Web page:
Fibromatosis Colli (and how to treat it)

Case StudyNicole Davies – Elite Myotherapist

Recently a four week old baby boy presented to our Greensborough Myotherapy Clinic with Fibromatosis colli. This is a rare cause of a benign neck mass. It is unilateral in most cases which means it usually appears only on one side of the body.

This condition affects the sternocleidomastoid muscle (SCM) and typically presents a few weeks after birth as a firm and hard mass on palpation but is not tender or inflamed. It is diagnosed via ultrasound and is most frequently related to birth trauma (e.g. forceps delivery) or malabsorption to the muscle in the womb.

Paediatric Chiropractor Paul Chamberlain and myself saw him twice a week initially and weekly after that. The Fibromatosis Colli was on his right SCM resulting in left sided torticollis (abnormal or asymmetrical head or neck position) and left sided plagiocephaly (flat head).

On examination we were unable to passively rotate his neck further than 45degrees to the right, he therefore preferred to avoid neck pain by facing his left side and not move his head at all to the right. This made breast feeding more of a challenge when lying on his right side as this position would put a the neck under a great deal of stretch. Bathing and getting dressed and undressed was distressing to him as his shoulders were tight for sustaining the same position for a majority of the time.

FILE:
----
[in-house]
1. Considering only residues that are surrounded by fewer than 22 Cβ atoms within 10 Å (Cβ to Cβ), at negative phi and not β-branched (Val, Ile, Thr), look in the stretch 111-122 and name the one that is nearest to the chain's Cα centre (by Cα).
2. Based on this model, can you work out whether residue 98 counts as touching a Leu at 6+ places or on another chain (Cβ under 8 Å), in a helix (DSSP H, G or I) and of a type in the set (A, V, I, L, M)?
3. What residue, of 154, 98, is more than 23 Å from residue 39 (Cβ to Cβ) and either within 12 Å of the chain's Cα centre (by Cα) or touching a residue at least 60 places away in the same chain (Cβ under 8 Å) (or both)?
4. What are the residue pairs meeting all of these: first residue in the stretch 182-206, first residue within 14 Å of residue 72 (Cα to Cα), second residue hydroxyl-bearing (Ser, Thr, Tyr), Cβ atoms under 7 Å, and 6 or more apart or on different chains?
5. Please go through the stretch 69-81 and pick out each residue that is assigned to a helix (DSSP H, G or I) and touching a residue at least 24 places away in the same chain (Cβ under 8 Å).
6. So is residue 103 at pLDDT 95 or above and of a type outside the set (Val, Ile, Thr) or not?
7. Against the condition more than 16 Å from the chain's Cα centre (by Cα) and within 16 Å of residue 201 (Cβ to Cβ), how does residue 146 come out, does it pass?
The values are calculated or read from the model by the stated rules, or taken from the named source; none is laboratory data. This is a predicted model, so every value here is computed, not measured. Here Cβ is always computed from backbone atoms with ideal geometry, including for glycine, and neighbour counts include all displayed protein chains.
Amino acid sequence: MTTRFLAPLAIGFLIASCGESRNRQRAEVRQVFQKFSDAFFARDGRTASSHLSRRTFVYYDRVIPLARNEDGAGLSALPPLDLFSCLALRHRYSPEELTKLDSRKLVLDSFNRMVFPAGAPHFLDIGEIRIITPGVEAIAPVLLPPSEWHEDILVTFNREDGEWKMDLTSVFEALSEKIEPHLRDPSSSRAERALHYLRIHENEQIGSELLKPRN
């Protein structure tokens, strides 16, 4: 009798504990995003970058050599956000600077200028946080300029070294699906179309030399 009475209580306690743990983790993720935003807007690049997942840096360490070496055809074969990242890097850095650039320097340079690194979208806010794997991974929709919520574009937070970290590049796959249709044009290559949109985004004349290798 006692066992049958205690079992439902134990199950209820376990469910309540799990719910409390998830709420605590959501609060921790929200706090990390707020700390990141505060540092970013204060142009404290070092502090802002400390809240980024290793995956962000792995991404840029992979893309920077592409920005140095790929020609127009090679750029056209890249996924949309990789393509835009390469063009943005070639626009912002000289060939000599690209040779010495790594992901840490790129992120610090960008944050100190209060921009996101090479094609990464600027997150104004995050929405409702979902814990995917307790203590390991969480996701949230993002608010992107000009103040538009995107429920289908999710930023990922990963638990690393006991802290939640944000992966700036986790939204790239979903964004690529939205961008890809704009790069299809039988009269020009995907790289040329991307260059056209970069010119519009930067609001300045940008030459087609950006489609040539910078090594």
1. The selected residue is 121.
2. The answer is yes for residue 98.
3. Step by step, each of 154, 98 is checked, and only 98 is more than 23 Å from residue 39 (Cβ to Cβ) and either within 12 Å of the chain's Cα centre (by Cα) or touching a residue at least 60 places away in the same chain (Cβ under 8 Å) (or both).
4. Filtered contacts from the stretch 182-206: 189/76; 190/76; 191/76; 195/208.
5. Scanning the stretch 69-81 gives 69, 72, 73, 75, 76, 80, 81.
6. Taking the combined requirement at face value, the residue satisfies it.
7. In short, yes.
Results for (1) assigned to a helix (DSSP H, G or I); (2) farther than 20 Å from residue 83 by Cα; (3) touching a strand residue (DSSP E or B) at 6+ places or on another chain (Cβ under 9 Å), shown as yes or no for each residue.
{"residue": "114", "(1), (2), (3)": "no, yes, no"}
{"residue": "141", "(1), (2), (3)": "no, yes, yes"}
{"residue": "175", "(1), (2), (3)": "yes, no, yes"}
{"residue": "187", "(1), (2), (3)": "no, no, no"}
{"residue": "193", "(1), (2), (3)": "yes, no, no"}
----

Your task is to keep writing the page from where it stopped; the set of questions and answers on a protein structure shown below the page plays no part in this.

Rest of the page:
Conservative treatment included soft tissue manipulation of some of the right anterior neck muscles and the left posterior neck muscles, we also worked on his shoulder range of motion and his cervical and thoracic mobility.

After several targeted treatments, this eleven week old baby boy is now able to turn his head to the right without any discomfort, he is sleeping facing his right and is breast feeding more comfortably on the right as well.

Changing the weight distribution on his head will help resolve his plagiocephaly and put his parent’s minds at ease.

2017-05-04T00:00:00+00:00May 4th, 2017|